Japan sticks the landing: Asteroid sample recovered from Hayabusa2 probe
Probe now sets sail for further adventures
Vids'n'pics Japanese and Australian astroboffins have successfully recovered samples taken from Asteroid Ryugu by the Hayabusa2 probe.
Hayabusa2 has had quite a ride and has more adventures ahead of it.
The probe launched in 2014 and spent three-and-a-half years travelling to near-Earth asteroid 162173 Ryugu, which has a diameter of about 1km and occasionally passes within 100,000km of the planet upon which you are (presumably) reading this story.
Hayabusa2 carried four rovers, one of which was used after the spacecraft shot a bullet at the asteroid to disturb its surface and stir up some matter to bring home in a sealed capsule designed to survive the rigours of re-entry to Earth’s atmosphere.
The probe bade farewell to Ryugu in November 2019 and early on Sunday morning, Australian time, the recovery capsule was spotted streaking across the sky as it made its way towards the Woomera prohibited area for a pre-dawn landing.
En route it was spotted by cameras on the International Space Station at 13:27 in the video below.
The probe later released the sample return capsule and ground-based observers were able to see it streak across the pre-dawn sky.
If you weren't in Coober Pedy to see it, we're bringing it to you! ☄️— Australian Space Agency (@AusSpaceAgency) December 5, 2020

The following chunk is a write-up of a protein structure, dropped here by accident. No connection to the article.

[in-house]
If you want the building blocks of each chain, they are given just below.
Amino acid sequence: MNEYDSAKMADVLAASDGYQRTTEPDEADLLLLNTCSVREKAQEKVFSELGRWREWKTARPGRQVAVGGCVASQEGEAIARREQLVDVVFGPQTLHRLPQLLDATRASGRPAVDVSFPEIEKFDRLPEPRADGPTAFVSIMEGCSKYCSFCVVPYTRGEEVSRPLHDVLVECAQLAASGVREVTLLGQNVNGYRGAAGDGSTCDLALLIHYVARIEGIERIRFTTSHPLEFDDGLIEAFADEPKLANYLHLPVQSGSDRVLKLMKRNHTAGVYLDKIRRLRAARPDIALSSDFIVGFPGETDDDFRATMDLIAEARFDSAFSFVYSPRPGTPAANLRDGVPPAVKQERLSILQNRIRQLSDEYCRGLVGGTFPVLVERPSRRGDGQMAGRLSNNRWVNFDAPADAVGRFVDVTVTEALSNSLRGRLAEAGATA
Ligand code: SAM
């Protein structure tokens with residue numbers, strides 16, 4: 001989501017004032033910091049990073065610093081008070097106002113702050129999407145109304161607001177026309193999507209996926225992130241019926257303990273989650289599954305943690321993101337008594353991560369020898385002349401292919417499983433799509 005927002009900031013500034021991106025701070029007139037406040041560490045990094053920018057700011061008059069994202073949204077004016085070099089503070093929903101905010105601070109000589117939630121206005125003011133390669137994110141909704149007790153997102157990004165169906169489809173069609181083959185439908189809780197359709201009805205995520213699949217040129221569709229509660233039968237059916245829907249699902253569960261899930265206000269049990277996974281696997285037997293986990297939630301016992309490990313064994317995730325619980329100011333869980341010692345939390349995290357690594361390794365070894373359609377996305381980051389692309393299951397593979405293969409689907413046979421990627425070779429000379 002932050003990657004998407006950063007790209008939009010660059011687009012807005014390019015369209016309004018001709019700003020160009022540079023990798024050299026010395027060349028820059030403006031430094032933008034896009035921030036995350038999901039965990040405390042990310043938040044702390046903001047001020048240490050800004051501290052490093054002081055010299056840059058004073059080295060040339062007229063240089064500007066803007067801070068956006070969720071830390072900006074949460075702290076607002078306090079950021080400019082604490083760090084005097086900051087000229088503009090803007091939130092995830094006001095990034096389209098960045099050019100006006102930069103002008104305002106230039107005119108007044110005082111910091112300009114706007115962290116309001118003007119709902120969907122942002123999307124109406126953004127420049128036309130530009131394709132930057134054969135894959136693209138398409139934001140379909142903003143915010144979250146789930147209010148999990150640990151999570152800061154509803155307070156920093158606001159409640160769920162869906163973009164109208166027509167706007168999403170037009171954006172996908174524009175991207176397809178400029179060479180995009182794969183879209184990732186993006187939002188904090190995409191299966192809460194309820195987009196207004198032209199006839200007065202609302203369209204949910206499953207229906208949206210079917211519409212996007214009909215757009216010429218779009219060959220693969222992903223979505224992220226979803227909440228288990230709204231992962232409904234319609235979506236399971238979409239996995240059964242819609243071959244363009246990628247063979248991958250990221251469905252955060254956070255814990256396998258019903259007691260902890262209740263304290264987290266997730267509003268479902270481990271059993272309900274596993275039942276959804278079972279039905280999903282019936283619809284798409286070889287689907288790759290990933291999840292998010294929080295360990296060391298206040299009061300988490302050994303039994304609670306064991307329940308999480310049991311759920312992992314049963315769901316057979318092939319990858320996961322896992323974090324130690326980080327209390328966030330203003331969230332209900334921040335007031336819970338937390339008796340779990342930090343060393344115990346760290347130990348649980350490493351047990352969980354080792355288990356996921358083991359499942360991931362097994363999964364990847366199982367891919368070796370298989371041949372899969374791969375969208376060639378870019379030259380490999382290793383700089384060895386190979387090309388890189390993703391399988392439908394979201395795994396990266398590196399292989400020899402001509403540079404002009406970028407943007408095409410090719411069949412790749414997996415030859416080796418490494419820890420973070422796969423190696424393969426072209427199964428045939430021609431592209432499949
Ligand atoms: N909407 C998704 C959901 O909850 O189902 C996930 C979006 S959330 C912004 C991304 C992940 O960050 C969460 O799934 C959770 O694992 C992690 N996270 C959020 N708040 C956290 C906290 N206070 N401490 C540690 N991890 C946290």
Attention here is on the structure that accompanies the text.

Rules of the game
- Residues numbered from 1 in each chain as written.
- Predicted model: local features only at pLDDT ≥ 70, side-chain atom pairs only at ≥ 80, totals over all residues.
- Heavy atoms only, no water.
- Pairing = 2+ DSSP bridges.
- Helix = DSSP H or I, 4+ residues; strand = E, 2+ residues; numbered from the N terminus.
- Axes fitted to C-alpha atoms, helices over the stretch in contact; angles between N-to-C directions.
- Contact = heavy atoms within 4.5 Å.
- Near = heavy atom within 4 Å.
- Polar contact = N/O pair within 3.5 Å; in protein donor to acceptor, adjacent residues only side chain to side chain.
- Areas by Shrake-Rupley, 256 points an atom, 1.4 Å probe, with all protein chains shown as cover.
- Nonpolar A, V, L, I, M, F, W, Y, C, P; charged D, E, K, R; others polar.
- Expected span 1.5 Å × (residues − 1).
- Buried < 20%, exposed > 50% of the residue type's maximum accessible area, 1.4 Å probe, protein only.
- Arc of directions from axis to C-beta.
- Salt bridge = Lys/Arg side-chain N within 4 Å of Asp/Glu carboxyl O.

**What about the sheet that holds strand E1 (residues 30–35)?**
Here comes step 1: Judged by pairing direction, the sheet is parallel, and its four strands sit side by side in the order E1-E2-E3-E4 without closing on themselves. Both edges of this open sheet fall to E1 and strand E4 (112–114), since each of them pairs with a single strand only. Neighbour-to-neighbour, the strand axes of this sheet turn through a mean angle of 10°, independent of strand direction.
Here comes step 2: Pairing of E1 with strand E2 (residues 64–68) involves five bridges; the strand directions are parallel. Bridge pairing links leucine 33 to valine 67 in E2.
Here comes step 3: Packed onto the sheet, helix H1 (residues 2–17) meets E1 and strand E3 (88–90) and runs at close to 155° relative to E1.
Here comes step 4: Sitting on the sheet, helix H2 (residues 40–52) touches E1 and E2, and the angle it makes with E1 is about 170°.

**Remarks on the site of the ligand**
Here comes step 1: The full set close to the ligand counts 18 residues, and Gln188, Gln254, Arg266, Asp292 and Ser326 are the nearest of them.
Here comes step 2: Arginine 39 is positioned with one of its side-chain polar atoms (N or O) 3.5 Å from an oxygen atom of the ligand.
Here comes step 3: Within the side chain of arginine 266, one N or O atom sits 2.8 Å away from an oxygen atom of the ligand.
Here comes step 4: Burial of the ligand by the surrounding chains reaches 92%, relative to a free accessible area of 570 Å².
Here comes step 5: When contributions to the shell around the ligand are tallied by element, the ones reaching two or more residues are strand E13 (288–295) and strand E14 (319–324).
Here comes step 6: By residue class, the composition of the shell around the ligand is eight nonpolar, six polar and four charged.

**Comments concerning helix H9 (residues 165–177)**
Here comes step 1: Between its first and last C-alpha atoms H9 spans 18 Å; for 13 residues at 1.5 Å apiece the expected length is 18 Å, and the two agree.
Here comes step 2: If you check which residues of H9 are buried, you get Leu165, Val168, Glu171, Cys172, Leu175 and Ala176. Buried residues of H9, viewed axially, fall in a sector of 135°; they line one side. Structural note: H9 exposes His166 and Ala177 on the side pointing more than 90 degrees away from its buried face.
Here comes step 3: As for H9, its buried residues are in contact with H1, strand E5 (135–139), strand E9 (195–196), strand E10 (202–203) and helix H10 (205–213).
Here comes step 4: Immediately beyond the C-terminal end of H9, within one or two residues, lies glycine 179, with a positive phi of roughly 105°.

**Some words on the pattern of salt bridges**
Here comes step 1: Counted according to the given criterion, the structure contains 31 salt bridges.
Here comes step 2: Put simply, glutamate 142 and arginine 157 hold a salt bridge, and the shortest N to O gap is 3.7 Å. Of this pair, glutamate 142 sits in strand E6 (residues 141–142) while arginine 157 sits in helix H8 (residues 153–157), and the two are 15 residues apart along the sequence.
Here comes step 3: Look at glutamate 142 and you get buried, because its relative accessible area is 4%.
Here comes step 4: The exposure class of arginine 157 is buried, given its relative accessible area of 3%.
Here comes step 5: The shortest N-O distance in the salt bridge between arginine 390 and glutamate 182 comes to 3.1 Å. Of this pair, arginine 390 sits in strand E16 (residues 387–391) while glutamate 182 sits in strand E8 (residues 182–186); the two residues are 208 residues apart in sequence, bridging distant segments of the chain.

Watch as the #Hayabusa2 capsule fireball crosses the sky headed for the Woomera Prohibited Area. Thanks to @JAXA_en for capturing this incredible #space moment. @haya2e_jaxa pic.twitter.com/L1cSA9Ep5z
The capsule carried the samples from Ryugu, plus a radar-reflective parachute and a radio beacon designed to make it easier to find in the very hot, dry, and nasty conditions often found in the region.
As it happened, everything worked, and news of the capsule’s retrieval emerged before lunchtime.
Capsule collection! The helicopter team immediately flew to the location identified by the DFS team. They searched for the fallen capsule by using radio waves and maps. Thank you very much!— HAYABUSA2@JAXA (@haya2e_jaxa) December 6, 2020
(Collection Team M)#Hayabusa2#はやぶさ２#AsteroidExplorerHayabusa2 #HAYA2Report pic.twitter.com/KSyEbnU3Yd
Japan Aerospace Exploration Agency staff approached the capsule wearing protective gear and what looks like some trepidation.
Before long, the capsule becamse safe to handle and was popped into a shiny box.
The precious cargo was soon on its way to the facility established to handle the landing.
Images of the sample have not yet been released and we’ll have to wait for some time to get them because the sample package has not been opened. That won’t happen until it is returned to Japan.
Another story we’ll have to wait for is news of Hayabusa2’s ongoing adventures, because the probe skipped off past Earth and has enough fuel aboard to line up a 2026 rendezvous with another asteroid, the mysteriously ruddy 2001 CC. Japan’s space agency has even contemplated a third asteroid visit, in 2030, and even a possible fly-by of Venus. As it flits about the inner solar system, the probe’s cameras will also be used for observations of exoplanets and other phenomena. ®